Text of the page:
Introduction - Basic Information
India is a constitutional democracy with a bicameral parliament that consist of an Upper House (Council of States or Rajya Sabha) and a Lower House (People's Assembly or Lok Sabha) (Central Intelligence Agency, 2011), while the Lower House is more powerful and thus more important for the purpose of this paper (Gill, 1998). It consists of 545 members, who, with the exception of two members who are appointed by the president are elected by popular vote (Central Intelligence Agency, 2011). This paper deals with the situation of women in parliament, i.e. in the Lower House. Therefore the words “parliament” and “Lower House” will be used as synonyms for the purpose of the paper.
The Situation of Women in the Indian Parliament
There has been an increase in the percentage of women in the Indian Parliament within the past 15 years. According to the Inter-Parliamentary Union (IPU) (2011) in the elections of April 1996 only 39 out of 545 seats (7.2 %) were occupied by women. The next elections in February 1998 and then in September 1999 resulted in a percentage of 8.1 % and 8.8 % respectively. Five years later, in April 2004 already 49 women were elected into the Lower House, with a total of only 541 seats this time they made up for 9.1 %. In the last elections in 2009 10.8% (59 out of 545) of the parliament were women. (Inter-Parliamentary Union, 2011) However, this number is still quite far below the international average of 2009, 18.3 % (Wängnerud, 2009, p. 52). Out of 137 ranks on the IPU website, India in 2009 still only ranked 99 (Inter-Parliamentary Union, 2011).
What are reasons for this comparatively low percentage of women in the Indian parliament, but also for the increase during the past 15 years?
According to Wängnerud (2009), percentages of women in parliament are lower in countries with majority systems than in those with a proportional representation (PR) system, because the latter is not as competitive, while in a majority system “a woman has to be the number-one choice for her party in order to take part in the race” (Wängnerud, 2009, p. 54). Since the majority of the members of the Lower House in India are elected directly within a First Past the Post system (FPTP) (Rangarajan & Patidar, 1997), this is a very competitive political environment, especially for women. Furthermore India’s society in general is a rather patriarchal one, making it more difficult for women to get involved in politics in the first place (Rai, 2002, p. 5).
Another reason could be found in the composition of India’s party system. Wängnerud argues that more left-oriented parties, with liberal attitudes regarding social policies tend to have higher percentages of women elected than others (Wängnerud, 2009, p. 55). In the past 15 years the CPM, which fulfils most of these criteria, did not form part of any of the governments. They have been led by either rather centralist parties (the United Front coalition in 1996 and the Congress Party in 2004 and 2009) or, in 1998 and 1999, by the more right-oriented Bharatiya Janata Party (BJP) (Inter-Parliamentary Union, 1996-2008 and BBC News Website, 2009).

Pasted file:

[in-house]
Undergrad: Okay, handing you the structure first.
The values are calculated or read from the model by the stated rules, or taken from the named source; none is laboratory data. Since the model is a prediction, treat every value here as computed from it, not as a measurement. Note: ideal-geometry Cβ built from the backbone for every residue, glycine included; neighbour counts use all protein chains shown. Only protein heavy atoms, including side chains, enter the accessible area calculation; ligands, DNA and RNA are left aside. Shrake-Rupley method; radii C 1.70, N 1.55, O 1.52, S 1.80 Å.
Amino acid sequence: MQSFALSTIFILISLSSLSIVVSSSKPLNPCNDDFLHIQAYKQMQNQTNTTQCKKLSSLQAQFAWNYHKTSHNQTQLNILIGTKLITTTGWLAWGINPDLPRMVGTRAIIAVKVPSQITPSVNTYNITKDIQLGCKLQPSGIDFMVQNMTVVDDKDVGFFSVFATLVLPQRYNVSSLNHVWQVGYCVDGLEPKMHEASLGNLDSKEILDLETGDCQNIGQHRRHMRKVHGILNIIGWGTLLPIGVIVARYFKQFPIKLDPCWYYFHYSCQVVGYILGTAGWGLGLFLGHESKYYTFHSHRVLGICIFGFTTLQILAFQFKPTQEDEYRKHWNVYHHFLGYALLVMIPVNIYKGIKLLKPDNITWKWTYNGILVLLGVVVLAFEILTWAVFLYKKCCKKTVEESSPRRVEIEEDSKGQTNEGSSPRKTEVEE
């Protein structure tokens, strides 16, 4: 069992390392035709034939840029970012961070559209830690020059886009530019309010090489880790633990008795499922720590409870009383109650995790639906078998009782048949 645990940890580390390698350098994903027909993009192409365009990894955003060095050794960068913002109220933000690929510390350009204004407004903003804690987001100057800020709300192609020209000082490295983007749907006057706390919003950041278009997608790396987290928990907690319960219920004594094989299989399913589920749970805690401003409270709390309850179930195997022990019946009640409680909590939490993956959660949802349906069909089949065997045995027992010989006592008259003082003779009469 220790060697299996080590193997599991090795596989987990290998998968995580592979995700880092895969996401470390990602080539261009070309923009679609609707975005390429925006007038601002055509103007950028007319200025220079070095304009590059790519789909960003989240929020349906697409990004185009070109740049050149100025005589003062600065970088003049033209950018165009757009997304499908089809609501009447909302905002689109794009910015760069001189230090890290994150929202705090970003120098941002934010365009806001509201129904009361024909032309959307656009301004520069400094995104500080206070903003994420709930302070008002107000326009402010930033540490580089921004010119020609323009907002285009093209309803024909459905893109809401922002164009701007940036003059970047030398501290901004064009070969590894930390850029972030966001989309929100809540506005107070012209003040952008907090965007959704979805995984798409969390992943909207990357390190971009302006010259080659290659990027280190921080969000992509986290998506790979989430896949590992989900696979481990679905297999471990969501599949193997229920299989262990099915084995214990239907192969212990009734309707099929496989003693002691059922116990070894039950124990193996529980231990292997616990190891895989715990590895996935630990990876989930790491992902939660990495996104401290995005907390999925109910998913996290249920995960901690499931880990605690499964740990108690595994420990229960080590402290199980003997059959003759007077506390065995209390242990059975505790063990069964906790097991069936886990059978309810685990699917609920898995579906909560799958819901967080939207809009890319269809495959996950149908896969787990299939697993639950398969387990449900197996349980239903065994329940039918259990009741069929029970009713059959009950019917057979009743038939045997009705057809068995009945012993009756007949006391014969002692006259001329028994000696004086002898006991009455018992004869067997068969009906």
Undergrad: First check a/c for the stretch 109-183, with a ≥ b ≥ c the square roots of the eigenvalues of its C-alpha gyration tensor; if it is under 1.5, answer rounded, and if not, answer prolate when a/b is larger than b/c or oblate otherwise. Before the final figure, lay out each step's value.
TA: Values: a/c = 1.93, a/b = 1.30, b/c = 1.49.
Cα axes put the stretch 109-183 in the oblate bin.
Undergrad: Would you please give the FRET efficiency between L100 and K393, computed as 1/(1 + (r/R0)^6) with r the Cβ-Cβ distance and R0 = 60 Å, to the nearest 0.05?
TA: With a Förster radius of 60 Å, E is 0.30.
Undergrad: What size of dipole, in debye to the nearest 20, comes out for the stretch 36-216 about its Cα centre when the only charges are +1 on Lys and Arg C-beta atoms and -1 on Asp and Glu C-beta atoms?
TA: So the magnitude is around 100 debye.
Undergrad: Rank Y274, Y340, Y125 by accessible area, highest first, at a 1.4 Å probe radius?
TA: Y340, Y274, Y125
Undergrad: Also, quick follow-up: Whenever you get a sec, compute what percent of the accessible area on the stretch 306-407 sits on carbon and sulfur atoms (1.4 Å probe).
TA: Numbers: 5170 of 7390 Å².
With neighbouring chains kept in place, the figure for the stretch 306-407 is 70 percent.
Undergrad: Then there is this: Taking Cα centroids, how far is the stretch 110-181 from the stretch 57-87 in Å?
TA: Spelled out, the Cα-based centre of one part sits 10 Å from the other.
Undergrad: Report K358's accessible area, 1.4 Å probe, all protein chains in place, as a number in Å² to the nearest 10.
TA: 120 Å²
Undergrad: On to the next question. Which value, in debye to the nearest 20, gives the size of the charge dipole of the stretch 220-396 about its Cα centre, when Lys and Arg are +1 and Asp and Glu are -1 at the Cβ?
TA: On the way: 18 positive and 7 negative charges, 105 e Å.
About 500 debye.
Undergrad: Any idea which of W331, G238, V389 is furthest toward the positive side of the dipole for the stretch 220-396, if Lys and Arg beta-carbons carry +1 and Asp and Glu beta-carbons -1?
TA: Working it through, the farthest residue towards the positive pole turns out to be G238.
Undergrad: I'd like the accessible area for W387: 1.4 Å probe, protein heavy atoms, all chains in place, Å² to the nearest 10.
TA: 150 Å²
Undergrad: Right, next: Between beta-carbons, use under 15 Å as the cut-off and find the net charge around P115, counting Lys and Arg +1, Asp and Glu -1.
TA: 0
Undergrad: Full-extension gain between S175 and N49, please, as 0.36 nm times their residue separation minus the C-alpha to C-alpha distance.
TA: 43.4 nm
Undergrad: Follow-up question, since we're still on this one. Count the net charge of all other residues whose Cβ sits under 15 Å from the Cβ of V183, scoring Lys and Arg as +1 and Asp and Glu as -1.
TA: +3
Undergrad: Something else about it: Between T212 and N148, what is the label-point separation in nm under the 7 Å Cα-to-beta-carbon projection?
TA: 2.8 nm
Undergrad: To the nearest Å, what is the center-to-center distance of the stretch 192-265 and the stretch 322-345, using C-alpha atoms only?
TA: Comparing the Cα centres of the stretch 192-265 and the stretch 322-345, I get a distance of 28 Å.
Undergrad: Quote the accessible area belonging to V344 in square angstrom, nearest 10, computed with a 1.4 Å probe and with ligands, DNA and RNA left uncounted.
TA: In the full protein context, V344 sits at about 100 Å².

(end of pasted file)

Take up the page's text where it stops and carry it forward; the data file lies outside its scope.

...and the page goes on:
Moreover, the CPM has a strong women’s organization themselves, the All India Democratic Women’s Association (AIDWA), as well as active relationships with independent women’s movements, which according to Wängnerud (2009) can be an important point of access for women to politics (Wängnerud, 2009, p. 55). Although the BJP has strong connections to non-political organizations as well, the communist parties in general collaborate much more actively with the independent women’s movements (Basu, 2005, p. 23-24 and p. 34).
Despite the fact that the current percentage of women in the Indian parliament is below average, there has been an increase during the past 15 years and even before that women already owned a small percentage of the parliament (Inter-Parliamentary Union, 2011). A basis for this might have been laid with the 73rd and 74th Amendments to the Constitution in 1993, which ensure women at least one third of the seats in the “local self-governing bodies (panchayats and municipalities)” (Raman, 2002, p. 1).
 The ‘Communist Party of India (Marxist)’ developed out of the Communist Party of India (CPI) but is in fact not a communist, but rather a social democratic party. They also pursue reform programs that match Wängnerud’s (2009) description of “parties that value environment over economic growth and are pro-permissive in social policy” (Wängnerud, 2009, p. 55), i.e. those with higher percentages of women elected. (Basu, 2005, p. 23 and Wängnerud, 2009, p. 55)